Ironically, the whole embrace-a-Labor-candidate-for-prime-minister-only-to-fall-out-and-endorse-the-other-side thing happened in England as well, when Murdoch endorsed Tony Blair’s run for the top job against the conservatives. According to Alastair Campbell’s government diaries, he also pressured former Prime Minister Blair to serve as President George W. Bush’s wingman during the run-up to the Iraq War both personally and through his newspapers.
Of course that romance soured—as did Prime Minister Blair’s with his own party—and Murdoch began to support the Conservative Party leader, now-Prime Minister David Cameron, whom Murdoch met with no fewer than 15 times while Cameron was the leader of the opposition. Murdoch’s son, James, met with Prime Minister Cameron 12 times. And guess who was the first person to meet with Cameron upon his becoming prime minister? And guess whose editor of a wire-tapping, police-bribing, detective-hiring tabloid became Cameron’s top press aide—that is, until the scandal leaked and he was forced to resign in disgrace and later arrested?
If the United States had had the bad judgment to elect Rudy Giuliani president, Murdoch would likely have enjoyed similar indulgences, as he did in New York City when Giuliani was the mayor. Investigative reporter Wayne Barrett tells of a quid-pro-quo relationship between Murdoch and the then-mayor that goes far past the standard quid-pro-quo fare of political endorsements for lucrative tax abatements, though there were several of those. Never before—or since, really—had a mayor of New York gone as far for a friend as Giuliani did for Murdoch, up to and including forcing Time Warner to carry Fox News when it initially declined to do so. And Murdoch and his employees, including especially Roger Ailes, more than repaid the many favors.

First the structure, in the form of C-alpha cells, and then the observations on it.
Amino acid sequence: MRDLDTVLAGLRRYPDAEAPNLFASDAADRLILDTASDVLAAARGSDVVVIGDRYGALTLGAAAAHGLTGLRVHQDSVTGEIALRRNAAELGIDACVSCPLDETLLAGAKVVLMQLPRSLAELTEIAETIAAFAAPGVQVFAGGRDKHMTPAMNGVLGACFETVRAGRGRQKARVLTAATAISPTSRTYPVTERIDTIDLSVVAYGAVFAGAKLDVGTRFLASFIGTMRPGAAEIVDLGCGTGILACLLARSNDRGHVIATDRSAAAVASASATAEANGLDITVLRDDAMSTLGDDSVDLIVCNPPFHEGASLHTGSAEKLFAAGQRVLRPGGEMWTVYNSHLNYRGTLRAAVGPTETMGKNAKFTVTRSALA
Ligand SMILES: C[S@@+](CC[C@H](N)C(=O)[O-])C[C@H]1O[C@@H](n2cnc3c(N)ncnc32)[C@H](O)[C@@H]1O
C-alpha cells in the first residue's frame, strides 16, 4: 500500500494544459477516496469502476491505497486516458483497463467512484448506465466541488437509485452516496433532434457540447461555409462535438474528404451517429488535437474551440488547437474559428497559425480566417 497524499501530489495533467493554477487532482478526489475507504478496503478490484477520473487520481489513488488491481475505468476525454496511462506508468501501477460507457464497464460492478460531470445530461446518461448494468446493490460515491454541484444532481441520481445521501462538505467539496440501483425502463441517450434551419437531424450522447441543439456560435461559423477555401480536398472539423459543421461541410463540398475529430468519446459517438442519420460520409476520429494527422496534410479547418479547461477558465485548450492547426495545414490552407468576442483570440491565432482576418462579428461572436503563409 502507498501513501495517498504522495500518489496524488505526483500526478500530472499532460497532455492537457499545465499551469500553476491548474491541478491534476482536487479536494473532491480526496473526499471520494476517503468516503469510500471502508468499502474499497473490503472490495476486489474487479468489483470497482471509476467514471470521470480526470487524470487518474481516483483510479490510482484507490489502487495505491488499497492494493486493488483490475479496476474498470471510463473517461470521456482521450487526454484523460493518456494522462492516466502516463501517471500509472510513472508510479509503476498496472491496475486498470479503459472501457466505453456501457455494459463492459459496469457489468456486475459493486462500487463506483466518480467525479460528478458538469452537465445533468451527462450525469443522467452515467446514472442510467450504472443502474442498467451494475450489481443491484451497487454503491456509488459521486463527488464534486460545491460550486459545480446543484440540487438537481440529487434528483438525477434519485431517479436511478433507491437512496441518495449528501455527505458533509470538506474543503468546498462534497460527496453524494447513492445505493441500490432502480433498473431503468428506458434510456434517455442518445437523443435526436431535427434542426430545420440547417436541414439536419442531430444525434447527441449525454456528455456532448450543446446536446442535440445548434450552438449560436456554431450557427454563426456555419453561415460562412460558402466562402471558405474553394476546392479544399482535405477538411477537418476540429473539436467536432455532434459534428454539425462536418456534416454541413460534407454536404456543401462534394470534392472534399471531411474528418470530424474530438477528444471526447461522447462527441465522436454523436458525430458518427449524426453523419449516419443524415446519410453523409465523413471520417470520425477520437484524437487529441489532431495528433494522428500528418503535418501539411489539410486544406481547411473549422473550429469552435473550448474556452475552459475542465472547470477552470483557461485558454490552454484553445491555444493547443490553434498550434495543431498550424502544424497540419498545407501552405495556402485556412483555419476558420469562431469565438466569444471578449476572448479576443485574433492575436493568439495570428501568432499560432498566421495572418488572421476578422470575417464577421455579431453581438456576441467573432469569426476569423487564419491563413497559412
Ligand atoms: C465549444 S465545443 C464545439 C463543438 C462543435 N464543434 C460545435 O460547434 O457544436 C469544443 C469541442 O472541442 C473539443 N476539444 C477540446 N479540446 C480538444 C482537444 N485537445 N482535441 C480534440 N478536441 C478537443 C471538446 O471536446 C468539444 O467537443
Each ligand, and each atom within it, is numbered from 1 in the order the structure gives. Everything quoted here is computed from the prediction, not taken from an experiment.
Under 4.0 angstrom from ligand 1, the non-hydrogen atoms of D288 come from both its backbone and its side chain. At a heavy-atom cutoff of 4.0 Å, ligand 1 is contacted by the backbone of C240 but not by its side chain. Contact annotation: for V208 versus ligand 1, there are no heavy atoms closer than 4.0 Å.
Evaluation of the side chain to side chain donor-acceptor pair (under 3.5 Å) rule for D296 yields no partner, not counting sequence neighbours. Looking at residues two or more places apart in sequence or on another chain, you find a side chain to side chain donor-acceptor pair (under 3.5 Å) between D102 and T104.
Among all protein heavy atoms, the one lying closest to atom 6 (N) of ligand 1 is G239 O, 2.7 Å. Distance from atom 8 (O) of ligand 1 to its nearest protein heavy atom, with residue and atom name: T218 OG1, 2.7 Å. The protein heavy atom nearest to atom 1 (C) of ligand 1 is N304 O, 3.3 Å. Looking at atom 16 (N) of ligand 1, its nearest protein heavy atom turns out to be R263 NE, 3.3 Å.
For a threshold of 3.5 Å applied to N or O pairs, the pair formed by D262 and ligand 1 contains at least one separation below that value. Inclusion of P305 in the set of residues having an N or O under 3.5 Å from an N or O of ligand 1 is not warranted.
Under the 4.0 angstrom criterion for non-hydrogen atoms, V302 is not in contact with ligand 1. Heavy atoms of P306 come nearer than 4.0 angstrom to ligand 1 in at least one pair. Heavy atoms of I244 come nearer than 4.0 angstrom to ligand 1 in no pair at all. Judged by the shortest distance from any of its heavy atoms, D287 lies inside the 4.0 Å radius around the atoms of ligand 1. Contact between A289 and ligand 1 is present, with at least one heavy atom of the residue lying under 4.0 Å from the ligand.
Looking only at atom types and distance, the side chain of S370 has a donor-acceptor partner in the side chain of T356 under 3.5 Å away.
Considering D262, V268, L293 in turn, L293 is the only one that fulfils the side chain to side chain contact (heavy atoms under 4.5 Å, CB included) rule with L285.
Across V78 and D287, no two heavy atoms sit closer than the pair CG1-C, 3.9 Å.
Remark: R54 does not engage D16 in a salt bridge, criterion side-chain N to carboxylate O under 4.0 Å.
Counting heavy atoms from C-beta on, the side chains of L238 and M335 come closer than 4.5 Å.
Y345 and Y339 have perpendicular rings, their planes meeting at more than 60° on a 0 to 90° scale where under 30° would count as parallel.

Oh, and as a bonus: The Economist ran a 3,000-plus-word examination of Murdoch’s misdeeds during the hearings of the wire-tapping scandal, in which the magazine stated that “[f]ew outside the liberal blogosphere” were “buying” the likelihood of any connection between the empire’s criminal behavior in Britain and its operations in the United States. And who did the magazine use as a character reference? None other than Mayor Giuliani, who “called Rupert Murdoch ‘a very honourable, honest man.’”
Obviously Fox News, The Wall Street Journal, the New York Post, and others are not merely deeply biased on behalf of Republican Party candidates and their political positions. But as we have seen in Australia, Britain, New York City, and elsewhere, Murdoch’s ambitions to control global politics go well beyond just the English-speaking world. (I haven’t even mentioned China, which is worth a whole book in and of itself.) How perilous it would be for our democracy, then, if Murdoch was allowed to get his hands on the Los Angeles Times, the Chicago Tribune, and the other properties that would come from a Tribune Company takeover. Charles and David Koch may no longer be interested, but they are in many respects less dangerous to American democracy than the man who is already the most powerful—and dangerous—media man in the world.
Eric Alterman is a Senior Fellow at the Center for American Progress and a CUNY distinguished professor of English and journalism at Brooklyn College. He is also “The Liberal Media” columnist for The Nation. His most recent book is The Cause: The Fight for American Liberalism from Franklin Roosevelt to Barack Obama, recently released in paperback.